Accordingly, before an investment adviser begins to ask for a single confirmation reflecting aggregated execution information for multiple same-side orders executed in a security (Multi-Order Confirmation), the investment adviser should review its allocation policies and procedures to ensure that a Multi-Order Confirmation does not create any compliance challenges that would, for example, necessitate requesting individual transaction confirmations.

The unstated assumption behind the CGMI request is that multiple orders submitted electronically by investment advisers to broker-dealers are always the functional equivalent of the single aggregated order submitted by investment advisers to broker-dealers before advisers began to split up an order and transmit its constituent pieces at different times – in particular, the underlying accounts would always be the same.  However, many advisers’ allocation policies and procedures contemplate scenarios in which orders for the same security on behalf of different underlying accounts are transmitted to broker-dealers for execution at different times during the course of a single day.

In these instances, the investment adviser’s allocation policies and procedures may not call for the orders attributable to all the underlying accounts to be aggregated with one another.  And sometimes for good reason – if, for example, one portfolio manager submits a buy order for her accounts at the market open, and the stock later rises, another portfolio manager that submits a buy order for his accounts after the stock rises arguably should not be able to capture a portion of the gain attributable to executions that occurred before he placed his order.

However, there may also be reasons why an investment adviser would want to include an account that was not included in the original aggregated order in a single end-of-day aggregation.  For example, the investment adviser may be waiting to learn if a client-imposed investment restriction would preclude the purchase of the particular security for the client’s account because it is unclear whether the restriction applies.  If it is determined that the restriction would not prohibit the purchase of that security, then the adviser may want to include that client’s account in a single end-of-day aggregation.  But if an adviser’s allocation policies and procedures do not permit an account to participate in an execution if no part of the order was attributable to the account, then regardless of the merits of the case for inclusion, the policies and procedures would prohibit that result. 

In either instance, if an adviser requests a Multi-Order Confirmation, it would not be able to determine how to allocate the executions to the various accounts.  It would then need to request confirmations for each constituent transaction in order to properly allocate the executions to each participating account.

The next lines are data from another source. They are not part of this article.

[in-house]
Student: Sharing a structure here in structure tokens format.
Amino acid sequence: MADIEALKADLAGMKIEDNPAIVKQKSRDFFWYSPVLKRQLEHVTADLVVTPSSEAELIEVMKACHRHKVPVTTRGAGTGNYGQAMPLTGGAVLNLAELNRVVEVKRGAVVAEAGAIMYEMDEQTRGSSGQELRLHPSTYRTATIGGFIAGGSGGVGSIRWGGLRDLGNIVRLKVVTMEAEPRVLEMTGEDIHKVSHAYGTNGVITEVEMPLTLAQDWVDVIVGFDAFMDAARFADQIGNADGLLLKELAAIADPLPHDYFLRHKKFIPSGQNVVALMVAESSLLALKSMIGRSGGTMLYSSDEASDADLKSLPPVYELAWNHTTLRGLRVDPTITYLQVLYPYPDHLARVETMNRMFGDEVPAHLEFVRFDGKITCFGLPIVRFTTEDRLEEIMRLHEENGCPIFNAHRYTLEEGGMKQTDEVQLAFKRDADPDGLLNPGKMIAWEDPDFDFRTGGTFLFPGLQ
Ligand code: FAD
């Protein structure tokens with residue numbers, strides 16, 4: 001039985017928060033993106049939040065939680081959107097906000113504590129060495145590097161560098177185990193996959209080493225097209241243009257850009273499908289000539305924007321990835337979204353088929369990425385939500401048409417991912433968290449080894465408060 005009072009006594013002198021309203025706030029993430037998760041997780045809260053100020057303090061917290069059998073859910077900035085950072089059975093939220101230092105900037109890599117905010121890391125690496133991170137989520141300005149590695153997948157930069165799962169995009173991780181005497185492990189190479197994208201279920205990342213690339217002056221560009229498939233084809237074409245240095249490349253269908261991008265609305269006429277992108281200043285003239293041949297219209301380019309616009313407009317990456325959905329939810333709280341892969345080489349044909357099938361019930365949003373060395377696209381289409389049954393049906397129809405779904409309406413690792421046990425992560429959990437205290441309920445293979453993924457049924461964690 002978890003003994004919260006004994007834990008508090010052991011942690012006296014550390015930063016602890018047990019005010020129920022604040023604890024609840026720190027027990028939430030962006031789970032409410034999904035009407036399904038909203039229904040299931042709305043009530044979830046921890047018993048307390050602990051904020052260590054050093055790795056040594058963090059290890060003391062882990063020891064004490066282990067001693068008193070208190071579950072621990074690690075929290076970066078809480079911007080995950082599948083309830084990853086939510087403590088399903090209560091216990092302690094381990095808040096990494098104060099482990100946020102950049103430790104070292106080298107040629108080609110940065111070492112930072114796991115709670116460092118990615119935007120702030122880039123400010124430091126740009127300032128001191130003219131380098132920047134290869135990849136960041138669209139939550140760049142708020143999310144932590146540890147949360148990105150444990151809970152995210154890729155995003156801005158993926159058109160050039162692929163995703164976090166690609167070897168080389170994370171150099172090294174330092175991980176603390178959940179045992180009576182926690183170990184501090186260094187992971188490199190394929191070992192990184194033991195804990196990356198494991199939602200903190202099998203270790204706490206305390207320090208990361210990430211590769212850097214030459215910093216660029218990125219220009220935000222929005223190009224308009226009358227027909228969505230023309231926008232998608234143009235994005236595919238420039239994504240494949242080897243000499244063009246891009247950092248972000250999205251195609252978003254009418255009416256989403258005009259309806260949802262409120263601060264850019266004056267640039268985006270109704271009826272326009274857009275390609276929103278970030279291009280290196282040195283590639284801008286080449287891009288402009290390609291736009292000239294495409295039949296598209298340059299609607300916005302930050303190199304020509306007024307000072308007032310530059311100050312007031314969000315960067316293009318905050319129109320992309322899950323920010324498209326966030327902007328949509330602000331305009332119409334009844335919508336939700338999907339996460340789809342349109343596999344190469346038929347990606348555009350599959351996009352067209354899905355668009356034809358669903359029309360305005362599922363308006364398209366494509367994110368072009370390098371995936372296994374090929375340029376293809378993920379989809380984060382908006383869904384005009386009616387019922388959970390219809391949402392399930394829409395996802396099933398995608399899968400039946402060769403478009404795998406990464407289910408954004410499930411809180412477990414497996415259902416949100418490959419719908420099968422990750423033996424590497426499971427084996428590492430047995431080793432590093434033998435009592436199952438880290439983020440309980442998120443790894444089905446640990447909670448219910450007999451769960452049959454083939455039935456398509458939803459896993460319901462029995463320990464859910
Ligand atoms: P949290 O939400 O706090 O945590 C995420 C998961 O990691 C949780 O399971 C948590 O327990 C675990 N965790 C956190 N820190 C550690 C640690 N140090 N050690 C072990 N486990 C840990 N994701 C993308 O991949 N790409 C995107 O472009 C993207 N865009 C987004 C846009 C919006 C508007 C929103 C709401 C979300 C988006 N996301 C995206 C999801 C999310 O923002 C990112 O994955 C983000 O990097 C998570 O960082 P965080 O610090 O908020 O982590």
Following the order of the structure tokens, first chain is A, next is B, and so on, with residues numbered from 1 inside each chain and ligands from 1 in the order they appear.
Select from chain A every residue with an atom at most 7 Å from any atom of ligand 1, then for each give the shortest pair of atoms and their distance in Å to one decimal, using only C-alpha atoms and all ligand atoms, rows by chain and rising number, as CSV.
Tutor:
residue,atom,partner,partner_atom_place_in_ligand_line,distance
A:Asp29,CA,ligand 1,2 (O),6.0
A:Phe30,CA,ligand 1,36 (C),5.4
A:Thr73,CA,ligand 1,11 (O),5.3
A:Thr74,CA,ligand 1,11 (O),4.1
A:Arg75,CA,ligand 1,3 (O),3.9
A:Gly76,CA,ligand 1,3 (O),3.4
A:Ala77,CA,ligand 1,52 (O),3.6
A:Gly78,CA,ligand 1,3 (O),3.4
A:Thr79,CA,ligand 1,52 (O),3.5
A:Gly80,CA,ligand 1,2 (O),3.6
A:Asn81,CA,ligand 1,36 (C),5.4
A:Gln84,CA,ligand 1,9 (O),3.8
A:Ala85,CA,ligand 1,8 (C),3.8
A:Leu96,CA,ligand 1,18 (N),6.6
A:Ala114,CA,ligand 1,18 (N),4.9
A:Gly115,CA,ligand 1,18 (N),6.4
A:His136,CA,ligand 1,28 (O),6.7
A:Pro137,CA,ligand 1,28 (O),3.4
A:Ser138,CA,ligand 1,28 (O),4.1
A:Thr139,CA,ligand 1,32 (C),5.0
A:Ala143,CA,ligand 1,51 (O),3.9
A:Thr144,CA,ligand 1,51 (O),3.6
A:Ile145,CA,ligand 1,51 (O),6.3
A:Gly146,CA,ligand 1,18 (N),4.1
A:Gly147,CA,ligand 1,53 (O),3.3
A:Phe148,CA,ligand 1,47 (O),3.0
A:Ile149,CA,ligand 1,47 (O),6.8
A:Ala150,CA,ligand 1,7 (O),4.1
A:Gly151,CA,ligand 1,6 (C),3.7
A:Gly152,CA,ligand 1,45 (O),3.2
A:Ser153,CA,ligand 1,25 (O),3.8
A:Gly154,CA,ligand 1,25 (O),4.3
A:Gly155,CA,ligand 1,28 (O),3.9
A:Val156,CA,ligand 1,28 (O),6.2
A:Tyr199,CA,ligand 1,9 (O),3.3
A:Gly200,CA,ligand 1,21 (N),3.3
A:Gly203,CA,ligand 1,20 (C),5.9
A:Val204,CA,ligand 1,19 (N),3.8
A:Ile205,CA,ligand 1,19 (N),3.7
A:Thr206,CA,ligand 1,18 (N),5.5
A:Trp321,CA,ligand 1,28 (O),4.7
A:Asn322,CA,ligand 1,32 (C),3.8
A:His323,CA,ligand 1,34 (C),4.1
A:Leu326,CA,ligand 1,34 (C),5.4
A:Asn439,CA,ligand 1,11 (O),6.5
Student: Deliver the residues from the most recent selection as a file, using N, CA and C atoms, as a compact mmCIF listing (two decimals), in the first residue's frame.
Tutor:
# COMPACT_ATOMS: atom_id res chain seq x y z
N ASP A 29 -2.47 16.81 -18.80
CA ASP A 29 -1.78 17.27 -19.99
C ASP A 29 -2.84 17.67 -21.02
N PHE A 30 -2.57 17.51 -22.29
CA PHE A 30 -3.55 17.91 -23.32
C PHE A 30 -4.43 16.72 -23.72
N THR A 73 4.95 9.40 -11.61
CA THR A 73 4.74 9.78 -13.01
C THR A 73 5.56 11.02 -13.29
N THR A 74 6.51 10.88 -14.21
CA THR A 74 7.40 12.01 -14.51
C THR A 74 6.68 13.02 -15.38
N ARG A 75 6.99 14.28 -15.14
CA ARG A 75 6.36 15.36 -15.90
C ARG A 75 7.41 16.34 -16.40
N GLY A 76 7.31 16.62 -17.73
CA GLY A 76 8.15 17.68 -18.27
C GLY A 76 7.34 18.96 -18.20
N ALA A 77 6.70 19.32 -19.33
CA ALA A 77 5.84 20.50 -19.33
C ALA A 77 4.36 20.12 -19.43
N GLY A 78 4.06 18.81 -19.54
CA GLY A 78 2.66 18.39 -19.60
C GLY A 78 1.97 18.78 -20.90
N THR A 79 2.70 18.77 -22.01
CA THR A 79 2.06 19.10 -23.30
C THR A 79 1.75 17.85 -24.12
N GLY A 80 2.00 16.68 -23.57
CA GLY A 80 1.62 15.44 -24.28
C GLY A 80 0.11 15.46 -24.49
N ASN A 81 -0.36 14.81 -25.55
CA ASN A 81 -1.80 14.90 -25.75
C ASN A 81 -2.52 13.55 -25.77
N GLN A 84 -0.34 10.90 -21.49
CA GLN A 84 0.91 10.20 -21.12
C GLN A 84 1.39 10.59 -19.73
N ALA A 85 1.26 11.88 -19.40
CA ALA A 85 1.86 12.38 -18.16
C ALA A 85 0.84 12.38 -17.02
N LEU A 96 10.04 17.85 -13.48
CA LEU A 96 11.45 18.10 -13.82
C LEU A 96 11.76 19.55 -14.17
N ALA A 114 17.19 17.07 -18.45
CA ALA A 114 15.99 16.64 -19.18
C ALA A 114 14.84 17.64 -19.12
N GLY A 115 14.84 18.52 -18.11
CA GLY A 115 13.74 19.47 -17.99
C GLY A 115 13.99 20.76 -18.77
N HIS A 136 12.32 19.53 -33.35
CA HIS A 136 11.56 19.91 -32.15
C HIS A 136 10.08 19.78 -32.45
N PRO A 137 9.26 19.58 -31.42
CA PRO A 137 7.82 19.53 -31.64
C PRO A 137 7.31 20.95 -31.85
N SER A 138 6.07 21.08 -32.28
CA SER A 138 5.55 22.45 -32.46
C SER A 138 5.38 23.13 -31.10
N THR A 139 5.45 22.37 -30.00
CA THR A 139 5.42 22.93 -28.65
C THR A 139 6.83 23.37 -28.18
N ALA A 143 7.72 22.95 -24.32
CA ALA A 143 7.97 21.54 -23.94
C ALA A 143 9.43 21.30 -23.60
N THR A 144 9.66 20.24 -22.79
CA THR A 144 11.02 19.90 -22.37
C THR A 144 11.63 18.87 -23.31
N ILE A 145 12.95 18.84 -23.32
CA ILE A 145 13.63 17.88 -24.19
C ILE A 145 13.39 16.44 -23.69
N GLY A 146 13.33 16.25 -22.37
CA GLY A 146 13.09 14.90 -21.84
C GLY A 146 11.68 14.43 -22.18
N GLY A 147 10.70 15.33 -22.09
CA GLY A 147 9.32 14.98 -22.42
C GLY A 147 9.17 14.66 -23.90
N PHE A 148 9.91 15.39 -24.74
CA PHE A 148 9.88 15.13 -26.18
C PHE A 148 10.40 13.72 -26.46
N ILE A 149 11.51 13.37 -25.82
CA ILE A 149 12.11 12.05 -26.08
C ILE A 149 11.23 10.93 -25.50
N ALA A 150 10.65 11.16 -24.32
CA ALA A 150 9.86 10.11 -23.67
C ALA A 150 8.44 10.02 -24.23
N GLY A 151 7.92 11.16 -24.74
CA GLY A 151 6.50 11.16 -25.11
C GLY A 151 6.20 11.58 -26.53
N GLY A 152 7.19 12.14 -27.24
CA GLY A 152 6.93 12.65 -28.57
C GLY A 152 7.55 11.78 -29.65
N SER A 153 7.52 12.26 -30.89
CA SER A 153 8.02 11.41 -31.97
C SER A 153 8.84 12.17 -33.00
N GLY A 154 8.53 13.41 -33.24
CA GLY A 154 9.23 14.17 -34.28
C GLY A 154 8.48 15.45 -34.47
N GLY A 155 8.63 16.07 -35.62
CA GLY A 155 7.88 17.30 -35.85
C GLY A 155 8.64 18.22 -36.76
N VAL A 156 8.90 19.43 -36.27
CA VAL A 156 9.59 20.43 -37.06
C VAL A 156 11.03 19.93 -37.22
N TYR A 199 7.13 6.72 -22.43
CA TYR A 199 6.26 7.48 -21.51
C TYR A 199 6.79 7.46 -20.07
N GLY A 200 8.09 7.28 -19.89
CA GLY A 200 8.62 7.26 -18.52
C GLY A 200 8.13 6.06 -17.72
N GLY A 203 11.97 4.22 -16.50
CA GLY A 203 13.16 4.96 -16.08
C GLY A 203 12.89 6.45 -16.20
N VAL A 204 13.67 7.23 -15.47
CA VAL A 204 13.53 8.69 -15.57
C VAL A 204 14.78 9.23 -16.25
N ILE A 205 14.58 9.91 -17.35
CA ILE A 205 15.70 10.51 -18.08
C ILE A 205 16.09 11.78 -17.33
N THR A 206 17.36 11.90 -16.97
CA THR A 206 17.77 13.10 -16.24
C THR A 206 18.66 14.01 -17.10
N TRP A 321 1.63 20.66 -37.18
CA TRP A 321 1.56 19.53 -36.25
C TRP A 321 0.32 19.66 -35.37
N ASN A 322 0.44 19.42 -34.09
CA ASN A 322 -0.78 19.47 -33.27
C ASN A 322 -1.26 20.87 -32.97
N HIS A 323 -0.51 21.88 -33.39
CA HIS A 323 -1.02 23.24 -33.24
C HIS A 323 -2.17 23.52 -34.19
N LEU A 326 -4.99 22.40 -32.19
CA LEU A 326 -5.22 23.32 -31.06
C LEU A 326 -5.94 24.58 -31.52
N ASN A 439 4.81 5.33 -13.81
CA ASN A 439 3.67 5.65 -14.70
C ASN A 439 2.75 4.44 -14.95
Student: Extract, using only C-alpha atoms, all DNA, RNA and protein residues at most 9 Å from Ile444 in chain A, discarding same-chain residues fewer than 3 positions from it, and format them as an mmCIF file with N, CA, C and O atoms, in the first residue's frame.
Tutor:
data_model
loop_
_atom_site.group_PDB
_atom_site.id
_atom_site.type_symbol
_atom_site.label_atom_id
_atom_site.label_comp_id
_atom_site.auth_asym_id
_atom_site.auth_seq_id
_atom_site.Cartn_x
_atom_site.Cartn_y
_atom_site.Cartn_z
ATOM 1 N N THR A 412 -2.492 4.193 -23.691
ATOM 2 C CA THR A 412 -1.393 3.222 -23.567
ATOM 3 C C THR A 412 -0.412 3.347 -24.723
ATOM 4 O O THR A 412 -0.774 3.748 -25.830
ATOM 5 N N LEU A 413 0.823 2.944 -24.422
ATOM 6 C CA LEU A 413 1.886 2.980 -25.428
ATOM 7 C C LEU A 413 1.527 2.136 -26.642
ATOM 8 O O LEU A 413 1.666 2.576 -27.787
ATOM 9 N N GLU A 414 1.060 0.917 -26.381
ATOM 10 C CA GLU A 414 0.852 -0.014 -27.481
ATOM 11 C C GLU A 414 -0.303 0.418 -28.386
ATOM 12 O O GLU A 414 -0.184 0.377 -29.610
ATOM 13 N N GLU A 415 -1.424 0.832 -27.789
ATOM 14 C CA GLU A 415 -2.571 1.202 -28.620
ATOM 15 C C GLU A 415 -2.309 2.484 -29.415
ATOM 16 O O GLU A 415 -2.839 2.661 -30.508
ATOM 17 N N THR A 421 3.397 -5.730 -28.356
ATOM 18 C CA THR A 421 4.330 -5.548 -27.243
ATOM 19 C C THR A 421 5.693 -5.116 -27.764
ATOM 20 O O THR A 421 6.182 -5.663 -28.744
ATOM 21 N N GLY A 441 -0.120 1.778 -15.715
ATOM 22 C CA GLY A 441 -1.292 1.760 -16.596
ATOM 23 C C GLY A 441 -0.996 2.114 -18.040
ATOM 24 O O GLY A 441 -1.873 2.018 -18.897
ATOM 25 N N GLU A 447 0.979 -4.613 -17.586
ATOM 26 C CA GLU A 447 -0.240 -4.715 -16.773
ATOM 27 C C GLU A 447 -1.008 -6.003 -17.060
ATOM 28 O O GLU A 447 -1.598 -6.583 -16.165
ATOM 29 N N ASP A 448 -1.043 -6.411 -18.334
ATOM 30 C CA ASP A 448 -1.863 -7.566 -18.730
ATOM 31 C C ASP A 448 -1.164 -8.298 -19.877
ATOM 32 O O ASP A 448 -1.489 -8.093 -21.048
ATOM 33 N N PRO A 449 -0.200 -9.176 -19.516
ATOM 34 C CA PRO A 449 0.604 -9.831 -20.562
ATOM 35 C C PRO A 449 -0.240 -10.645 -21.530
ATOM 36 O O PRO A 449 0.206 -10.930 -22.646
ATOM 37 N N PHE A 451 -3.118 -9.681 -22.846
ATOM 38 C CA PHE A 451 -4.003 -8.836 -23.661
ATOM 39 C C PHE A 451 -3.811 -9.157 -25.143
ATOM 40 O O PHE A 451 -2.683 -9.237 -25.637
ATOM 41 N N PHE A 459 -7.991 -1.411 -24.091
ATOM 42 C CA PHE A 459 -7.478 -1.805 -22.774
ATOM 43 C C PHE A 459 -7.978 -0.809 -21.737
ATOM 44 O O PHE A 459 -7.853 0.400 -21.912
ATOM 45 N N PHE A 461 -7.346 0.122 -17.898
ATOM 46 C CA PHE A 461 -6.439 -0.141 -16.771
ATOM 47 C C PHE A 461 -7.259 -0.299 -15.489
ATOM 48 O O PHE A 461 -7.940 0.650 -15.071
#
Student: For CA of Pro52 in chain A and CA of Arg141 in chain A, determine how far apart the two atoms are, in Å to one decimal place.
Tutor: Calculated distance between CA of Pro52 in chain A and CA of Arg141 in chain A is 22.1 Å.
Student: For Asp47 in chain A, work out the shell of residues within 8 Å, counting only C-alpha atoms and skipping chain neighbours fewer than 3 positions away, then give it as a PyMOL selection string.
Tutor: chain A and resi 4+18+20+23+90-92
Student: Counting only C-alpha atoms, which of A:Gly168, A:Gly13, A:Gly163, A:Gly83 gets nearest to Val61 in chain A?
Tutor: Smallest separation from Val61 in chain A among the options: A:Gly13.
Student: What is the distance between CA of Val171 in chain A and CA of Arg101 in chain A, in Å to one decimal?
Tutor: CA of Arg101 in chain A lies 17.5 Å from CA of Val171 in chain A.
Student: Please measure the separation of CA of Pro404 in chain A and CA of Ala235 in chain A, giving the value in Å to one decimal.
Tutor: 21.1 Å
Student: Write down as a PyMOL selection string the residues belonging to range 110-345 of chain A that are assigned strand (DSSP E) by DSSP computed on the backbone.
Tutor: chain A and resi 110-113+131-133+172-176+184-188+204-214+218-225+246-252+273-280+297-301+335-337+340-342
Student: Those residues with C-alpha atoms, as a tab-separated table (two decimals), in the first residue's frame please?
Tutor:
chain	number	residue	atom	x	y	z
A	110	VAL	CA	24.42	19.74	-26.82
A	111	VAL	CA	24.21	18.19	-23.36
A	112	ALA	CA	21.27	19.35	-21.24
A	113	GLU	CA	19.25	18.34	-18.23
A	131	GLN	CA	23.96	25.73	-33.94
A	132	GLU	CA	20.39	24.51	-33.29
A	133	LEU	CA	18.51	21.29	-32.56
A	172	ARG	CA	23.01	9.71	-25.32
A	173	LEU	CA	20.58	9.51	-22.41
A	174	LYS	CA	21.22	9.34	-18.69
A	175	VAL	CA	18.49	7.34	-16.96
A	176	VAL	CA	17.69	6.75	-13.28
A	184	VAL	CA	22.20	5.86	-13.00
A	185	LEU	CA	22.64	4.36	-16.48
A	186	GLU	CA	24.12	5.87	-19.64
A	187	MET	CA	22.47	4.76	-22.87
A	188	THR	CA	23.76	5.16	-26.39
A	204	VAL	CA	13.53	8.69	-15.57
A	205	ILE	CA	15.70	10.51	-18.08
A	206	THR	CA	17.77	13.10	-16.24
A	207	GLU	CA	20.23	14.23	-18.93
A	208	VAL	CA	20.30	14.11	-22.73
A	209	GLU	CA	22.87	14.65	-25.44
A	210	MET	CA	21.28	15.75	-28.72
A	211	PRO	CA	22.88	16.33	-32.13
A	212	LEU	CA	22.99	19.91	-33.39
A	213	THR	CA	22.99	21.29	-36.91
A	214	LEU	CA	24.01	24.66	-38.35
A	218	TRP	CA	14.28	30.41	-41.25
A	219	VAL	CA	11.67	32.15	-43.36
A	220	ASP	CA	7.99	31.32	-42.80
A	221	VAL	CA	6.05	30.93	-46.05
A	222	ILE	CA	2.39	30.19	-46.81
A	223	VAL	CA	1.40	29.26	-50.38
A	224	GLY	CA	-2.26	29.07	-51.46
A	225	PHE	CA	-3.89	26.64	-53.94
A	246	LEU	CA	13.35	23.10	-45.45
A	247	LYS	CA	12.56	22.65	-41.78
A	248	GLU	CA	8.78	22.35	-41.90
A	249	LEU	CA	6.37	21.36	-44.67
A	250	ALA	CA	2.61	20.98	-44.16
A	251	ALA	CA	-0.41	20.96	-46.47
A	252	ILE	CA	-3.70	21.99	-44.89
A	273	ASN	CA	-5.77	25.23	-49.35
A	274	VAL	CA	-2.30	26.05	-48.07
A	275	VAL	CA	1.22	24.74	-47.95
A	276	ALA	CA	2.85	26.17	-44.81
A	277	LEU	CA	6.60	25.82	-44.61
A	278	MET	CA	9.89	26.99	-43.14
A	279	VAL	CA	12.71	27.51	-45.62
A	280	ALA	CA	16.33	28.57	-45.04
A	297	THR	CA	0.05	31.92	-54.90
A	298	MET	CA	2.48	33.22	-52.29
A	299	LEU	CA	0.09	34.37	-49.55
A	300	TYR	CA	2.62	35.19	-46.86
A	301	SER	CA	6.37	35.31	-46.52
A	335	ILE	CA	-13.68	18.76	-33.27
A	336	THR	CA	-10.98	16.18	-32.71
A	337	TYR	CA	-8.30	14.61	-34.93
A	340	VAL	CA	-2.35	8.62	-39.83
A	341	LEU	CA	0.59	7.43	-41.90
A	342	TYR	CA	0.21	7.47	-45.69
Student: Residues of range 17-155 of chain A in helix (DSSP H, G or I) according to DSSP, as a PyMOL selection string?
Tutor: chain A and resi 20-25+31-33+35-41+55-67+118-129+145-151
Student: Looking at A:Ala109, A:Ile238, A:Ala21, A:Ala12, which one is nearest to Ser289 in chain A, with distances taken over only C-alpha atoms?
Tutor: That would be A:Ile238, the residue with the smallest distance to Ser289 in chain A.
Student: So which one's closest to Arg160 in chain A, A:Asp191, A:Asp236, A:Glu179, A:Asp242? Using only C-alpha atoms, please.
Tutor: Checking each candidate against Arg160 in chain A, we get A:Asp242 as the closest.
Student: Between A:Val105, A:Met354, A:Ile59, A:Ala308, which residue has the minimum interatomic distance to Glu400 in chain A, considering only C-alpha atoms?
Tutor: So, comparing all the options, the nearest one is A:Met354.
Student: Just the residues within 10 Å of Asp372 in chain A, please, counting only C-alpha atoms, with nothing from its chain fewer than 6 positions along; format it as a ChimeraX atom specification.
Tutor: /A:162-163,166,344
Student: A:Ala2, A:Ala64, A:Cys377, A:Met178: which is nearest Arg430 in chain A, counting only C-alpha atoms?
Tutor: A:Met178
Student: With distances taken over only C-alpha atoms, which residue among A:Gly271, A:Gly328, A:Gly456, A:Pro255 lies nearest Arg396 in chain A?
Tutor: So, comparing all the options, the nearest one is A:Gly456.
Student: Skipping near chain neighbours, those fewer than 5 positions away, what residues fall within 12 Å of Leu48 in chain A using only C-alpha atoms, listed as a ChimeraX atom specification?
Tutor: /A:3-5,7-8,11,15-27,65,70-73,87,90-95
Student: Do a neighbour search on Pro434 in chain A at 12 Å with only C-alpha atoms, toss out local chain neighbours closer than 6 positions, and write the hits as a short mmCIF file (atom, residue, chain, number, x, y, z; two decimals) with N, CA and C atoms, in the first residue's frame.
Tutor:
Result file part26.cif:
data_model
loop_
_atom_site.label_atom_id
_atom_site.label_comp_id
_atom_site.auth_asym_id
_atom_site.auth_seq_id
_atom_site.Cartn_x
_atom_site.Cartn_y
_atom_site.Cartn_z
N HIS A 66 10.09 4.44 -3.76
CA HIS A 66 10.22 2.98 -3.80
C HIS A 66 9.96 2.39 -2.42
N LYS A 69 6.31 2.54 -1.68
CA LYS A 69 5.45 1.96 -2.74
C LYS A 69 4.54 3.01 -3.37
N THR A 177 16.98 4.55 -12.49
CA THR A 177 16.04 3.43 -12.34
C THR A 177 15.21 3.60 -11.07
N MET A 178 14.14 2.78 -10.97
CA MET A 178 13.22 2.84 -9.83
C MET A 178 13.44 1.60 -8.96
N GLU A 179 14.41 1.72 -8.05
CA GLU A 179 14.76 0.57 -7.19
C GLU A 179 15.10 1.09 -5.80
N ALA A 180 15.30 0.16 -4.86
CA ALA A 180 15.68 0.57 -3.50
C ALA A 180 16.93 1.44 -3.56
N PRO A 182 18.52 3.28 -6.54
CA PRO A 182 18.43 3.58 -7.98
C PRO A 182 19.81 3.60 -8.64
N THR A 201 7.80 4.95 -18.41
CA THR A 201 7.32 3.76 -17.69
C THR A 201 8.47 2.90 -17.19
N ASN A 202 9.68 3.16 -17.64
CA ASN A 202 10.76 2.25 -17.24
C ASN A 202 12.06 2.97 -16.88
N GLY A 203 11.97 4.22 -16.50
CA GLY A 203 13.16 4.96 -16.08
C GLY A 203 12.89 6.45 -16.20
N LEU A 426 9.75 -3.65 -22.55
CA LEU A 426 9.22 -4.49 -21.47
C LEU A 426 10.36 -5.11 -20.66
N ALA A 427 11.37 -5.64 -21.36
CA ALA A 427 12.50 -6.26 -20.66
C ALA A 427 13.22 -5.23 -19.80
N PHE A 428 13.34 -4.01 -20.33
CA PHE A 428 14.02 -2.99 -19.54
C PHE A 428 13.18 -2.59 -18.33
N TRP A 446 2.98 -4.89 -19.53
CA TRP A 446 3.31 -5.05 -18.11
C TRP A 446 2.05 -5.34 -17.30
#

The CGMI letter is likely to be helpful to advisers in instances where: (1) all buy (or sell) orders in a security are attributable to a single set of accounts; or (2) the possibility that new accounts may be added to the order has been contemplated before the fact.  It is less likely to be helpful to advisers in instances where different portfolio managers are operating independently of one another.  And regardless of the scenario, investment advisers should review their allocation policies and procedures to ensure that they are consistent with order routing practices that give rise to Multi-Order Confirmations.  Lastly, broker-dealers other than CGMI who wish to provide institutional customer with Multi-Order Confirmations will need to apply for their own exemptions.  

Practus, LLP provides this information as a service to clients and others for educational purposes only. It should not be construed or relied on as legal advice or to create an attorney-client relationship. Readers should not act upon this information without seeking advice from professional advisers.


1Exemption letters issued by T&M apply only to the party requesting the exemption.  No-action letters issued by T&M apply more broadly to all similarly situated parties.
2 Guide to Broker-Dealer Registration, Division of Trading and Markets, United States Securities and Exchange Commission ( (visited Sept. 6, 2019). (citations omitted).
3 New York Stock Exchange, Inc. (SEC Staff No-Action Letter) (pub. avail. Mar. 3, 2005); The Nasdaq Stock Market, Inc. (SEC Staff No-Action Letter) (pub. avail. May 6, 1997); Goldman Sachs & Co. (SEC Staff No-Action Letter) (pub. avail. Apr. 15, 1996).
4 For purposes of the CGMI Exemption, “institutional customers” are customers that meet the definition of “institutional account” in Financial Industry Regulatory Authority (FINRA) Rule 4512(c).
5 Citigroup Global Markets Inc. (SEC Staff Exemption Letter) (pub. avail. Aug. 28, 2019).